Friday 24 November 2017

Punchestown Outlook: Fitting conclusion to seminal season

Vicente (left) and Sam Twiston-Davies edge out Cogry to claim Saturday’s Scottish Grand National at Ayr for trainer Paul Nicholls. Photo: PA WIRE
Vicente (left) and Sam Twiston-Davies edge out Cogry to claim Saturday’s Scottish Grand National at Ayr for trainer Paul Nicholls. Photo: PA WIRE

Johnny Ward

As one led astray into a horse racing career, with an occasional diversion into soccer, rarely a week departs without reflection on how fortunate I am.

Two of our greatest sportsmen could saunter through Ireland's city streets with sporadic recognition. Seamus Callanan and Richie Hogan were at a gig lately with fellow sportsmen.

"We were told beforehand Hogan wasn't speaking," one writer recalls.

"The understanding was Seamus would, but then we found out that he wouldn't be talking either."

The gagging of our stars in Gaelic games is a refuge from an era of paranoia that to the rest of us seems laughable. Come summer, my colleagues in football and hurling will find it impossible to get a line off the Carlow corner-back.

I can ring the world's best jumps trainer, Willie Mullins, or the biggest Flat trainer on the planet, Aidan O'Brien. They almost always answer; if they don't they apologise after calling back. We take it for granted, while the hurling hack goes to press briefings and is compelled to concoct a cake from crumbs.


What the trainers say matters, but never has there been such deviation from this like the National Hunt trainers' title race of 2017, when we were subjected to a cross between the anodyne and the absurd.

Gordon Elliott was catapulted into what had become a non-event when Gigginstown's split with Willie Mullins thieved the champion trainer of five-dozen horses - Elliott getting many of the best ones. Immediately, Paddy Power made him favourite, but was within a few hours forced by wagers to put Mullins into odds-on.

In those months since, dominated by Elliott, the firm has made numerous changes to its prices. These markets are mainly for PR purposes, but Paddy Power has laid some reasonable bets too.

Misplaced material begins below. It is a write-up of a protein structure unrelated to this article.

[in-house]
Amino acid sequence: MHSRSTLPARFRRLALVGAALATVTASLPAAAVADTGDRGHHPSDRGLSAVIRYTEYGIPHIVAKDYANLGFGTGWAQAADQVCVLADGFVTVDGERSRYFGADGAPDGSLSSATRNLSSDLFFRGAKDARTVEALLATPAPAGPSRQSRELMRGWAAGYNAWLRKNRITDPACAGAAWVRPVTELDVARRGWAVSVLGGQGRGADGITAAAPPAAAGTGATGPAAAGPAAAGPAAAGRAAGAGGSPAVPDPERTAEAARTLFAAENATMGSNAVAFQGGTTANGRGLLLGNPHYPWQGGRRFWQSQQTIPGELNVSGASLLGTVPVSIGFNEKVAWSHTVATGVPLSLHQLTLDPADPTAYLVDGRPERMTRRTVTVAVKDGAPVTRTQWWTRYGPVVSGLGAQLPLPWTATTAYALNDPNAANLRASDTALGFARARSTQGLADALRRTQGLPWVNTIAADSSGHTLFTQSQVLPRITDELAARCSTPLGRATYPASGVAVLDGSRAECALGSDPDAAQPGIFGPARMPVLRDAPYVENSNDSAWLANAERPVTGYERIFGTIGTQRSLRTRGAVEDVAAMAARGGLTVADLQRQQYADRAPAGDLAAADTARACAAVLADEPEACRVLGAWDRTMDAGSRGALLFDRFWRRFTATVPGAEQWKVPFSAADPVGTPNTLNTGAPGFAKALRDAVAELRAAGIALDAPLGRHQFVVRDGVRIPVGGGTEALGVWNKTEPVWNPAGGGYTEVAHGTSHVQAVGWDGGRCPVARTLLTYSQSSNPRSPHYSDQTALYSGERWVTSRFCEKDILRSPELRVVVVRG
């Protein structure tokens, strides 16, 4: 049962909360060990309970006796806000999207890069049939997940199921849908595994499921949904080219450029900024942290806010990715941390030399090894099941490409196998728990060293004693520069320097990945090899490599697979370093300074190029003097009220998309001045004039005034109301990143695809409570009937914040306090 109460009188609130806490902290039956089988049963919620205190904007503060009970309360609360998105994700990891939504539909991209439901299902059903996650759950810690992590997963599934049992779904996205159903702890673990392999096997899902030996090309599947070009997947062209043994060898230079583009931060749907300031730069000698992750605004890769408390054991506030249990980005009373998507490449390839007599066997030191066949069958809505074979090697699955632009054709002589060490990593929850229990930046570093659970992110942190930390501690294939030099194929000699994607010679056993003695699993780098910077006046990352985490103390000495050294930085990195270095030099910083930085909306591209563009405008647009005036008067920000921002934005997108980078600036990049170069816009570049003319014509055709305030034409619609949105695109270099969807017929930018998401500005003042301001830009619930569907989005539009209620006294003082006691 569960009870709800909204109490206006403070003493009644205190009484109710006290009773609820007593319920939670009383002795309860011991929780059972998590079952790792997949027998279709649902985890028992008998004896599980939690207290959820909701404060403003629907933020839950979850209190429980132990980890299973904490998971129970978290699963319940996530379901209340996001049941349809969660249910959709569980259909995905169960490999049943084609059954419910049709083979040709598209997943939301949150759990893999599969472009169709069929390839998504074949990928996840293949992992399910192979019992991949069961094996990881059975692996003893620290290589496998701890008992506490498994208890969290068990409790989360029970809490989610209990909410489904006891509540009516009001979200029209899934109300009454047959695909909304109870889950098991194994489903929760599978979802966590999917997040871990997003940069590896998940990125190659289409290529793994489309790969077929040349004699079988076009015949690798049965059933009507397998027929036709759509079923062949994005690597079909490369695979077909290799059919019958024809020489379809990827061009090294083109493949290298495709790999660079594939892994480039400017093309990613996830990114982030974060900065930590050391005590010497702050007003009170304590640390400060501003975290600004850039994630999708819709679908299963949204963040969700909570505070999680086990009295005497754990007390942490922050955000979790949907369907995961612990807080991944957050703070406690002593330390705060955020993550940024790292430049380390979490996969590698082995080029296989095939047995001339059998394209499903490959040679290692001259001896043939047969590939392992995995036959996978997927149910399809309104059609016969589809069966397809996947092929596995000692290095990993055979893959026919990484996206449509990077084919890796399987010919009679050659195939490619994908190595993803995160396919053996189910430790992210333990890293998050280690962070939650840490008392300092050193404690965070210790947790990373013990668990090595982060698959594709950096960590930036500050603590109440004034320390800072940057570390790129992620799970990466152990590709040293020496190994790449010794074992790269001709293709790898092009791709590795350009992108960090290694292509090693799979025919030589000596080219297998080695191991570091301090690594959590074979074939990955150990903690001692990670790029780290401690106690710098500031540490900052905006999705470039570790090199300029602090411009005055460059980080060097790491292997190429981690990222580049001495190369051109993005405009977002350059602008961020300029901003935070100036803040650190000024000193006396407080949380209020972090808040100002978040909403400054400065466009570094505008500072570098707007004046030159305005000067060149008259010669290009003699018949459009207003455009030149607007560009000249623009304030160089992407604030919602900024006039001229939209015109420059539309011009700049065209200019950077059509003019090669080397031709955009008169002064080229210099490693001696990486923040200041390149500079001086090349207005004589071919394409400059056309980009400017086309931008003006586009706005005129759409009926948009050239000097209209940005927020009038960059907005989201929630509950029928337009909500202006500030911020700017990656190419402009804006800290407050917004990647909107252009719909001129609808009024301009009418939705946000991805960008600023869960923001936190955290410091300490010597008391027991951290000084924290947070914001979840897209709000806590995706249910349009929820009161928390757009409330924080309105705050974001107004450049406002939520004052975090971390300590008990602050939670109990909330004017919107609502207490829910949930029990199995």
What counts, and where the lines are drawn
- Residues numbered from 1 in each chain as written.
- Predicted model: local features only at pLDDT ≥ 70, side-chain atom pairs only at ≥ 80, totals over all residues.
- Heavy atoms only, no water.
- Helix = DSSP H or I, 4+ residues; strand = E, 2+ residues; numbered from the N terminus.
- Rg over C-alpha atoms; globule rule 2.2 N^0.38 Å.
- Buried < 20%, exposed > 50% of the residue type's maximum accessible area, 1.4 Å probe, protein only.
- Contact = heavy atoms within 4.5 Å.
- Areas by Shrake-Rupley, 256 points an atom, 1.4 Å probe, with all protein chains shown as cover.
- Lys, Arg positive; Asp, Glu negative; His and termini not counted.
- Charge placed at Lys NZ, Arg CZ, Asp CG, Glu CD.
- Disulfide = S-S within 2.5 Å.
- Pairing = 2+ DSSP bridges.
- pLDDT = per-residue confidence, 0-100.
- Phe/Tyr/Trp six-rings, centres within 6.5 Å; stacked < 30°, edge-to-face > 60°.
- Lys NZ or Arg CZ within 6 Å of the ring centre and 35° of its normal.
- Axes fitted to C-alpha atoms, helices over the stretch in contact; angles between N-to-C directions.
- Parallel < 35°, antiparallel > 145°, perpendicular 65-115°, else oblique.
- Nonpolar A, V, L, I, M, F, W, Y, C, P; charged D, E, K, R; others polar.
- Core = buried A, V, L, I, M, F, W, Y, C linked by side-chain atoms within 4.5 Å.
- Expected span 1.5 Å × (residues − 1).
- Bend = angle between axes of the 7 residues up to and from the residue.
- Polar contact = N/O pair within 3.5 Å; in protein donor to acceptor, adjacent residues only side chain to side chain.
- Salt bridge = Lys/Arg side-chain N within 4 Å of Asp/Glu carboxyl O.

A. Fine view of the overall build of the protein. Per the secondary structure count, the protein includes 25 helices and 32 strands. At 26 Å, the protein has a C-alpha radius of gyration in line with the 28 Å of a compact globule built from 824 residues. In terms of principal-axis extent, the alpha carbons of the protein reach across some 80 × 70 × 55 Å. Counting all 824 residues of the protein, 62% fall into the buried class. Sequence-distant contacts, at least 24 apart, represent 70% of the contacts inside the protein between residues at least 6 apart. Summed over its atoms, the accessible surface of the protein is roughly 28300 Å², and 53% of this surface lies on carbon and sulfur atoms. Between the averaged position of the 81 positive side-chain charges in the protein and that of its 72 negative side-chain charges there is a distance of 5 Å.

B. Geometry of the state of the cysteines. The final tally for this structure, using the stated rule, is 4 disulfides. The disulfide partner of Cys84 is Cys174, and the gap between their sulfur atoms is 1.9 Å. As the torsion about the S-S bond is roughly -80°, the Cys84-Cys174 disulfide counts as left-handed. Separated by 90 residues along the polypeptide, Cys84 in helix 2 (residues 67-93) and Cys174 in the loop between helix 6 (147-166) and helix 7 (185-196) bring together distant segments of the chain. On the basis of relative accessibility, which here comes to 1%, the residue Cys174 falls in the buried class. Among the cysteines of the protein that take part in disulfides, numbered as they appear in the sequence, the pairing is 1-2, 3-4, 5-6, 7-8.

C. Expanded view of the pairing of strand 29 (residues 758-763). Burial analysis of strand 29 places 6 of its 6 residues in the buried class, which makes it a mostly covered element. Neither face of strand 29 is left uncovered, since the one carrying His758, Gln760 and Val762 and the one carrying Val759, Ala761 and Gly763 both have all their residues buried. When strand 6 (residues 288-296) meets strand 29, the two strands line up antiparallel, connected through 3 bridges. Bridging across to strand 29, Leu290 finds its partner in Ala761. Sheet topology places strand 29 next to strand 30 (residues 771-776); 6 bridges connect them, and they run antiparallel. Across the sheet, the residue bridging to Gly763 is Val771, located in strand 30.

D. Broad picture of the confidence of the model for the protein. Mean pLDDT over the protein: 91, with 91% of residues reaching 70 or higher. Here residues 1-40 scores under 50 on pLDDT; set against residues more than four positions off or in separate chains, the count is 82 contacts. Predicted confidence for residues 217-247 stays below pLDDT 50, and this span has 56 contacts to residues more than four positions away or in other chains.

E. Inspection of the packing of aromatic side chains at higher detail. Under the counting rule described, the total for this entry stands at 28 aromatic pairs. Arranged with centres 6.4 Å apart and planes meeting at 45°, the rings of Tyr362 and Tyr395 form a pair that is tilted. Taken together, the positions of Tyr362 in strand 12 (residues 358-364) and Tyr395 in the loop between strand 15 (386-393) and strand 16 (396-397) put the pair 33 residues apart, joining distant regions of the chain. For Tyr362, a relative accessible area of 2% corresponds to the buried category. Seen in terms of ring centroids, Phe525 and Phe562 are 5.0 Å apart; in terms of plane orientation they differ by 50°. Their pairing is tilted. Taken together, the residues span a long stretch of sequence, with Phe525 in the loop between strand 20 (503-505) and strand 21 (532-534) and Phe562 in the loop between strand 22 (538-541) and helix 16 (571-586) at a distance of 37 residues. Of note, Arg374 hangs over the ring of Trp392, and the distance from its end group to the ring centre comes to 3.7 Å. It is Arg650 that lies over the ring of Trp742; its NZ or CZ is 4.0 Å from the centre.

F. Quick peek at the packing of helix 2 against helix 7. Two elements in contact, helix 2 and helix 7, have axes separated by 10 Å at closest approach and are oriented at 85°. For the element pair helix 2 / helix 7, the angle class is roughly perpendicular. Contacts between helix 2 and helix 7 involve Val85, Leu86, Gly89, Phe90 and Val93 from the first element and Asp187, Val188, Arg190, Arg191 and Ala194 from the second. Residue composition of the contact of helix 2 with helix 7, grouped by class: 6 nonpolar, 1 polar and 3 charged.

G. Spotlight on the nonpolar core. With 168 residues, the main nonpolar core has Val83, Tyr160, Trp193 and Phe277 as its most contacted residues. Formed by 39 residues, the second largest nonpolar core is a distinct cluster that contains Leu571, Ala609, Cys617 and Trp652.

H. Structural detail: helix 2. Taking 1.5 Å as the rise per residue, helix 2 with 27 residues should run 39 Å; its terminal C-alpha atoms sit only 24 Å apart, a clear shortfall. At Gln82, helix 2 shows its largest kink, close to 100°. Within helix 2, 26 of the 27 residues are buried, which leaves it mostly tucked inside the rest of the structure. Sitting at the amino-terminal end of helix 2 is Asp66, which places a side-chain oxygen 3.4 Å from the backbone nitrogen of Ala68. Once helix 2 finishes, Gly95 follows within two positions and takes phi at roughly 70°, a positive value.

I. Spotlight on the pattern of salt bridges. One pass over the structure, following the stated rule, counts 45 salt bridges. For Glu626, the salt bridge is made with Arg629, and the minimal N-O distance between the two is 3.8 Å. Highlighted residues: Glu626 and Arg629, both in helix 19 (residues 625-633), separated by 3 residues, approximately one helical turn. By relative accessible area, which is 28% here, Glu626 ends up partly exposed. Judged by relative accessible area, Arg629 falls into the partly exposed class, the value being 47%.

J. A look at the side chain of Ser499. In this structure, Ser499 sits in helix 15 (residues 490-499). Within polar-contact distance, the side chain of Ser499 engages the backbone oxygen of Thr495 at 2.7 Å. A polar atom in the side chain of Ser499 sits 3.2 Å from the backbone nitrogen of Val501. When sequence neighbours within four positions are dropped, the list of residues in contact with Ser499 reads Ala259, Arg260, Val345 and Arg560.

One insider said on Saturday: "Willie's fans have kept the faith, moving him in to 10/3 having been 9/2. This market has captured the racing public's imagination."

As he built a lead that stands at €402,405, Elliott insisted he had "absolutely no chance", followed by a mischievous smile. Mullins has muttered that it adds another dimension, loath to betraying how much a tenth title matters to him. He will throw everything and the stable dog at it next week. It means a great, great deal.

Here is a proud man of a racing dynasty, who took a calculated gamble when severing ties with Gigginstown. Clearly he must be wealthy, so did a fee increase mean more than losing 60 of his best? Perhaps it was the principle of it all.

The O'Learys can see a victory for Elliott as vindication. Mullins is only too aware.

While the Irish National was built up to be a clincher, it was not, with Bless The Wings' second-place €100,000 true to the narrative: Mullins leads in win purses, but has been killed by place money, true to Elliott having run 1,177 horses this term to his 508.

Four Grade Ones, each with a €250,000 purse, may be critical. The first is tomorrow's BoyleSports Champion Chase. Un De Sceaux is odds-on and this could be a big race for Mullins. Elliott has two rags in The Game Changer and Realt Mor.

Wednesday's Coral Gold Cup is at the mercy of Sizing John. The chance of Djakadam picking up money is obvious. Elliott has Outlander, which bombed last time.

In Thursday's Ladbrokes Champion Stayers Hurdle, Elliott has six, but Apple's Jade won't run. Nichols Canyon is no better than 6/4 for Willie. In Friday's BETDAQ Champion Hurdle, Annie Power is a maybe. Could she take on Elliott's mad novice Labaik?

Last year Mullins took €846,800 at the Festival; Elliott won €193,475. That lady of not inconsiderable heft has yet to take the stage.


Shane Foley was brilliant on last-to-first Shannon Soul at Limerick on Saturday, winning by a neck at 10/1.


"It's a rule that basically means you're riding for the punter and the horse side of things has been thrown out the window a little bit."

- Robbie Power's views on the new Rule 212, which deals with non-triers.


"The best of luck to Paul Moloney in his retirement we will miss him in the weighroom & watching him win on horses that never should have." Barry Geraghty (@barryjgeraghty) pays tribute.


Denis Hogan's Nulife, 16s into 4s, landed the each-way punt in fourth at Limerick on Saturday.

Upping the ante

The Irish Grand National's make-up prompted considerable chat beforehand, though the race worked out differently than many may have suspected it would.

With Gigginstown running 14 and Gordon Elliott 10, there seemed little chance for the little guy. Instead, the first four places involved four different owners, four different trainers.

Willie Mullins was hoping Polidam, a recruit from France, would get in. Back him instead at Punchestown on Wednesday over a shorter trip.

BET: Polidam in Guinness Handicap Chase, 1pt win 8/1

Irish Independent

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